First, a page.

For clarity, James has confirmed how he tried these routes saying:
"My approach on both Something's Burning and Muy Caliente was quite different from Lexicon and even very different from each other. Whilst I did ab down Something’s Burning (once, to get to the belay ledge before climbing next to Caro to look at her placing the crucial wire) this was actually the only way she’d agree to belay me! I didn’t touch any holds. On Muy Calliente I didn’t ab the route at all. That one meant so much to me (I’d been training specifically for 6 months) I wanted it to be as pure as possible."
Unsurprisingly, there has been considerable discussions on-line about the tactics and the definitions used by James. James openly recognises that his views aren’t shared by everyone. Whilst preparing this news report a number of climbers have contacted Climber expressing their views; some in support of James’ position and others very much against it.
Terminology behind climbing has evolved over the years; for example, whilst there is a fairly clear understanding of what on-sight and redpoint terms mean in connection with sport climbing, the same perhaps cannot perhaps be said about what a flash is? Boulderers talk about flashing problems but then many/most of the holds can often be seen/touched from the ground so on-sight isn’t applicable for bouldering - just flash and worked. Generally, most people will accept that having knowledge of a route, including the holds and gear on a trad route, having watched either someone else climb it, or a video of someone climbing it, means that your subsequent attempt is a flash. The issue, however, is whether an abseil inspection is within the term or not? Equally, is it allowed whilst abseiling to touch the holds and when does touching become weighing?! It’s not only abseiling that is the issue; what about inspecting a route when lowering off an adjacent route. Or, would it be legitimate, for example, to pull-up a sport route on the quickdraws with your trainers on to inspect the holds and then still claim a flash?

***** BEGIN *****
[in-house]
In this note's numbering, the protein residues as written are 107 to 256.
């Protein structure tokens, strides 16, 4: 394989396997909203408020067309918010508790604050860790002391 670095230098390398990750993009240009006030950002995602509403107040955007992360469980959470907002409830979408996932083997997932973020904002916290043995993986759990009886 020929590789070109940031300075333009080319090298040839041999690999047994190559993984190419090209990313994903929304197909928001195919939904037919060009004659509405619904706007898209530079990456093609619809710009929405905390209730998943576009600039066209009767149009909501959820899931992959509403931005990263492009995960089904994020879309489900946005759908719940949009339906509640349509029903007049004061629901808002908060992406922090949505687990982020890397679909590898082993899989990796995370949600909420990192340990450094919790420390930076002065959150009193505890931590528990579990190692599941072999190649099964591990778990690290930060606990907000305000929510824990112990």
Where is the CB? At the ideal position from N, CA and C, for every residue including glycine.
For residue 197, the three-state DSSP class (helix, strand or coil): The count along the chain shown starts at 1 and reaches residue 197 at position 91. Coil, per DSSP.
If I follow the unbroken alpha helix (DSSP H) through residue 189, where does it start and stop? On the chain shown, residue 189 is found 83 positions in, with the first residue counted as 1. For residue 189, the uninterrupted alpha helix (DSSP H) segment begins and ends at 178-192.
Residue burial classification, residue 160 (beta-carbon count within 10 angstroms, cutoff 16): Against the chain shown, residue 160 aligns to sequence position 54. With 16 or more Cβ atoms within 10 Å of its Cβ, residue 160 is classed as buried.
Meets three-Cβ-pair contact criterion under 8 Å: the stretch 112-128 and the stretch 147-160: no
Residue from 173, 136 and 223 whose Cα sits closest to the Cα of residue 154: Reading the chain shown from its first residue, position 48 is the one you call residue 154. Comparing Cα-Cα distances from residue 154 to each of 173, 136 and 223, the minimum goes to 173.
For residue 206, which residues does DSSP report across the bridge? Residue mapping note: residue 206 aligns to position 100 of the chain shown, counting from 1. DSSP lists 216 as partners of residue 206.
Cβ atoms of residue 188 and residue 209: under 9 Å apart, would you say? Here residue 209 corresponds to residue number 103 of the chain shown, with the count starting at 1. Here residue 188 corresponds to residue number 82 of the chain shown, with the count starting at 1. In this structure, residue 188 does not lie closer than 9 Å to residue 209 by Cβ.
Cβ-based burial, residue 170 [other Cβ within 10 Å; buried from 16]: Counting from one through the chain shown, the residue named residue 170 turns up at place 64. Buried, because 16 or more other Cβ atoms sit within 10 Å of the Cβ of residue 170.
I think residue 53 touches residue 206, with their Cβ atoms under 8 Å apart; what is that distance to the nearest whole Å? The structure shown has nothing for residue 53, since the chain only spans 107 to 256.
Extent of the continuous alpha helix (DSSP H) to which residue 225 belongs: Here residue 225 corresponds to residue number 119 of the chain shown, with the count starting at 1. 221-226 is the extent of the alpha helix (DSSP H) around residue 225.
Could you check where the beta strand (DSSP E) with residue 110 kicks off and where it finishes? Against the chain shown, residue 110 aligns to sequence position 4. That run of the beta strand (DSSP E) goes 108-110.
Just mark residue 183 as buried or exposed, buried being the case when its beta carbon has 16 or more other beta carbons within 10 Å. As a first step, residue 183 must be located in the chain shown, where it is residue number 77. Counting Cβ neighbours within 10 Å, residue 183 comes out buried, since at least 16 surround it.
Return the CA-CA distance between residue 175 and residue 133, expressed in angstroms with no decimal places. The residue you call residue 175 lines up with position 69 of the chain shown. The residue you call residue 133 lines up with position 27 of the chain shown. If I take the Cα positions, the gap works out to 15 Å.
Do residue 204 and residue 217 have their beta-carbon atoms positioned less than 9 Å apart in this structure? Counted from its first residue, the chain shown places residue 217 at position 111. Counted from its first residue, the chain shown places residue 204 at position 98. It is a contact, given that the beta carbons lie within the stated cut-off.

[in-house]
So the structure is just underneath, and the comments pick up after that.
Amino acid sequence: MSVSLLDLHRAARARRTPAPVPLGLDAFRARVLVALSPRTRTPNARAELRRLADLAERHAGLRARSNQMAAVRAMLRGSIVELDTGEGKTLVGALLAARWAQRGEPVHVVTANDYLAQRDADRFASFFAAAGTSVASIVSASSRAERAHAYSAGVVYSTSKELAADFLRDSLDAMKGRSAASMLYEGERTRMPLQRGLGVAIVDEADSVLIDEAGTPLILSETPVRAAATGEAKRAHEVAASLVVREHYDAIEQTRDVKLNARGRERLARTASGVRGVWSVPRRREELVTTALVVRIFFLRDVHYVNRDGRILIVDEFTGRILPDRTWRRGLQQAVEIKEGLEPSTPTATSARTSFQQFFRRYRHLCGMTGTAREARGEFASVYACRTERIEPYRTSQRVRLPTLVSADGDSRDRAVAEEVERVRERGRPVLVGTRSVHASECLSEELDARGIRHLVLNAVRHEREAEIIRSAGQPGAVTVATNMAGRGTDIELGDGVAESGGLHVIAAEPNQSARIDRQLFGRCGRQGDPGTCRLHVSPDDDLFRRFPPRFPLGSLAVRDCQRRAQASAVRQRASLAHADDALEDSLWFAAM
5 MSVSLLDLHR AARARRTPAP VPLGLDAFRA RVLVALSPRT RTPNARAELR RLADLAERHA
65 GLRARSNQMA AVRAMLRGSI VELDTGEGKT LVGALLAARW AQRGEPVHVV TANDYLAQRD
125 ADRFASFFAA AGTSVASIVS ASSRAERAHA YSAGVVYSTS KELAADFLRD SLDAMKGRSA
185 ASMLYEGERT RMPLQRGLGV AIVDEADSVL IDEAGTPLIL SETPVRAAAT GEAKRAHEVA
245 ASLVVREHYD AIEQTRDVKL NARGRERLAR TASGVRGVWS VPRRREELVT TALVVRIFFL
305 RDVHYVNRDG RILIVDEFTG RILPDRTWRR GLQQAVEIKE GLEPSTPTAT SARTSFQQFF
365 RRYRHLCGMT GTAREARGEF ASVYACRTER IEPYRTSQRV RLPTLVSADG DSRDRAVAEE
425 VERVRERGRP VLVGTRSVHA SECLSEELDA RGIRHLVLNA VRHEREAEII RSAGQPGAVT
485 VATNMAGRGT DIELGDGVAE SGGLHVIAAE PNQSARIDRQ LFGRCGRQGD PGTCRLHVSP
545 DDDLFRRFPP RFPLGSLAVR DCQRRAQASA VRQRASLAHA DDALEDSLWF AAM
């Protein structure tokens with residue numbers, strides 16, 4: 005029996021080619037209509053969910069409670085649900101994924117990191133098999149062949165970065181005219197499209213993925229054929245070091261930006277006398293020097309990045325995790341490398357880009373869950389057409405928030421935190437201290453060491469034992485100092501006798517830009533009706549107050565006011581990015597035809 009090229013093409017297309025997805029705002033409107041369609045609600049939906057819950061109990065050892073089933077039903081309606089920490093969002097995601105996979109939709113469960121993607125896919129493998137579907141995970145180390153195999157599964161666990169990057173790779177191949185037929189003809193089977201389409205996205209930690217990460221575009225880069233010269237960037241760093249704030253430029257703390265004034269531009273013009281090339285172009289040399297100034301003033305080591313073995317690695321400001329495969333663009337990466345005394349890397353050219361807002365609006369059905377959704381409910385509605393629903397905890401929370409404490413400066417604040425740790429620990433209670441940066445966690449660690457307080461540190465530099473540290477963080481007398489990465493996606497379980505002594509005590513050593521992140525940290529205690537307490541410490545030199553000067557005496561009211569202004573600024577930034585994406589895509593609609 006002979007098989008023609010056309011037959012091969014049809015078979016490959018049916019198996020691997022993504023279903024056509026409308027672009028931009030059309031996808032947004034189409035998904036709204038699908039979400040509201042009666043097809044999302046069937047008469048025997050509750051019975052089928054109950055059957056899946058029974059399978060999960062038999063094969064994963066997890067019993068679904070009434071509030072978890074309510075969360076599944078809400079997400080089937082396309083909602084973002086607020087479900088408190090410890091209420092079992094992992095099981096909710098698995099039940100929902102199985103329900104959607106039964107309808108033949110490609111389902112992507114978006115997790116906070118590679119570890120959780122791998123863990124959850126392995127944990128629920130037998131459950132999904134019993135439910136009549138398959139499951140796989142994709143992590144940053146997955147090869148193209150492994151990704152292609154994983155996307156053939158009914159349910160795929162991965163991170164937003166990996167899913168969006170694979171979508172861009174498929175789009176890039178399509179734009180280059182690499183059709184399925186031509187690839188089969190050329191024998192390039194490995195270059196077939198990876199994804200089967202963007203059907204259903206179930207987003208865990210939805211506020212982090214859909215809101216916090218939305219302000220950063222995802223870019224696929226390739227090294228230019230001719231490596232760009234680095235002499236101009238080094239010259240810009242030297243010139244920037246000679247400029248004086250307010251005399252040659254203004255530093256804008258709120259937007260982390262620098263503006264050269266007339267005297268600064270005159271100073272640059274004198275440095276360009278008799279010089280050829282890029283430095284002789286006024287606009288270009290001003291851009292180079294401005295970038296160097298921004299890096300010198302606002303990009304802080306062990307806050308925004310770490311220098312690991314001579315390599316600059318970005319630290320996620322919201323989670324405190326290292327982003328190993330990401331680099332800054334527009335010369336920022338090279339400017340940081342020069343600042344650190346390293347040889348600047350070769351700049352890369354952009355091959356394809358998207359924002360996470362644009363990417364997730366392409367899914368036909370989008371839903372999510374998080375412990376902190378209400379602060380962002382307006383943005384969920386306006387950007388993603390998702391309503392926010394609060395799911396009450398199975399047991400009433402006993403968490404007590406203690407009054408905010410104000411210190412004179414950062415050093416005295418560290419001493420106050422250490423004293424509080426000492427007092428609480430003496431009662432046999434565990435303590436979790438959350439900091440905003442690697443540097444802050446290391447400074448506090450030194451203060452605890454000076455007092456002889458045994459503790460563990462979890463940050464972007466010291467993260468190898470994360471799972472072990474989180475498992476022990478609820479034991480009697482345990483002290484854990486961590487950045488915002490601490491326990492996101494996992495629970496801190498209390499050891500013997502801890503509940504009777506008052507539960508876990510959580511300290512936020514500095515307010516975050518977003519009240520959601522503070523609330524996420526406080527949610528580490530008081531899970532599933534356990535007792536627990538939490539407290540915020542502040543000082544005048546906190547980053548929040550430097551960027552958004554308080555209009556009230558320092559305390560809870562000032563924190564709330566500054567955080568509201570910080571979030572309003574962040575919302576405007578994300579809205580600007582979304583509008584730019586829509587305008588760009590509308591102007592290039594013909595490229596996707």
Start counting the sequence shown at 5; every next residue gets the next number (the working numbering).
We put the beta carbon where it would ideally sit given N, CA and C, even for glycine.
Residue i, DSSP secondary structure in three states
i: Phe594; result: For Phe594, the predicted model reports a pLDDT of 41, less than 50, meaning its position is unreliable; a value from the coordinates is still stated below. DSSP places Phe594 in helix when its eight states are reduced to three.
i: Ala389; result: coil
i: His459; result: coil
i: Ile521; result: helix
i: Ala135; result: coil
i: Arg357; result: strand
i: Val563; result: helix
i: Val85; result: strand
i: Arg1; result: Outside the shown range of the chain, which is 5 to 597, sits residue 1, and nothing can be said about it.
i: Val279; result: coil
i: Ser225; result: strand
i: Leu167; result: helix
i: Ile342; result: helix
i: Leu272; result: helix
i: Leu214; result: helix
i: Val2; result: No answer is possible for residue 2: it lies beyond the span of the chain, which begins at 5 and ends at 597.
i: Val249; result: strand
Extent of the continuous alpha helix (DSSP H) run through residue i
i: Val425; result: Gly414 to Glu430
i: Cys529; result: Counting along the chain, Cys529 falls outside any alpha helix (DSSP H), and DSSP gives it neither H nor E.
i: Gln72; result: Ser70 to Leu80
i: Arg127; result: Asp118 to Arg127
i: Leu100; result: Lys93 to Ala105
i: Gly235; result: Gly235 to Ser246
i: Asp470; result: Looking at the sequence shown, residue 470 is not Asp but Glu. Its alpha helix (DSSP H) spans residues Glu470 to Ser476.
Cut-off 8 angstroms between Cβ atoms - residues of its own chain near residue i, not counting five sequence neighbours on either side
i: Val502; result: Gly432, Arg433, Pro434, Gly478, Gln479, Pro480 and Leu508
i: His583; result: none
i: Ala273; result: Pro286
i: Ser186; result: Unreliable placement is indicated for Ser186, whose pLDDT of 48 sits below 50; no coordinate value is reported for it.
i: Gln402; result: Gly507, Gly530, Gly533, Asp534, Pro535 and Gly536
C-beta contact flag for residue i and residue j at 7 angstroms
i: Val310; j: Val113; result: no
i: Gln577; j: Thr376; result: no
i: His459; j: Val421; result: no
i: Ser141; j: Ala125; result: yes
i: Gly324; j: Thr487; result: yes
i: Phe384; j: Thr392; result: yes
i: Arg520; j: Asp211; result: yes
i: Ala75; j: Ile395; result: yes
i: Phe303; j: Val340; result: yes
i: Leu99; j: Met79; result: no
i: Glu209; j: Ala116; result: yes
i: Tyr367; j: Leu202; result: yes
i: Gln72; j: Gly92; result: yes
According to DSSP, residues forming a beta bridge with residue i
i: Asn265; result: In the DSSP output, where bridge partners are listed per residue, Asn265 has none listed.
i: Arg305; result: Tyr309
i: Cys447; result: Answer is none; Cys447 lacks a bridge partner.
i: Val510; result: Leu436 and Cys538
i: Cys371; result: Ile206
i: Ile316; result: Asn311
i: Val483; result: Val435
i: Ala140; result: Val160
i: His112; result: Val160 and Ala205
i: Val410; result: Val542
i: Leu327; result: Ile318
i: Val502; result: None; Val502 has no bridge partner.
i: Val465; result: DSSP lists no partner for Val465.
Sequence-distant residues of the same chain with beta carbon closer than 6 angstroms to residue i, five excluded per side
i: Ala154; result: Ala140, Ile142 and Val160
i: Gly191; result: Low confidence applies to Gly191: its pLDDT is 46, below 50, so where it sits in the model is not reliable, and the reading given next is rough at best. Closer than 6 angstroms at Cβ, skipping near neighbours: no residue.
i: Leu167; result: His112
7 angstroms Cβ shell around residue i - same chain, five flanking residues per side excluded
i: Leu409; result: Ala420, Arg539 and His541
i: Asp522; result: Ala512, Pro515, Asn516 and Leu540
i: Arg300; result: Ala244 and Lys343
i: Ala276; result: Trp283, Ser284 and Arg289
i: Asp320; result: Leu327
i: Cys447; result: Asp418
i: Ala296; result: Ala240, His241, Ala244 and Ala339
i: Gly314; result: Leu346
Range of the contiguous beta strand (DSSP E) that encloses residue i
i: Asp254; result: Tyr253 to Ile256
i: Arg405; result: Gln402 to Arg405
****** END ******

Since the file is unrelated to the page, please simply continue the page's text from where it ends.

James has commented further on this himself as it relates to trad climbing saying: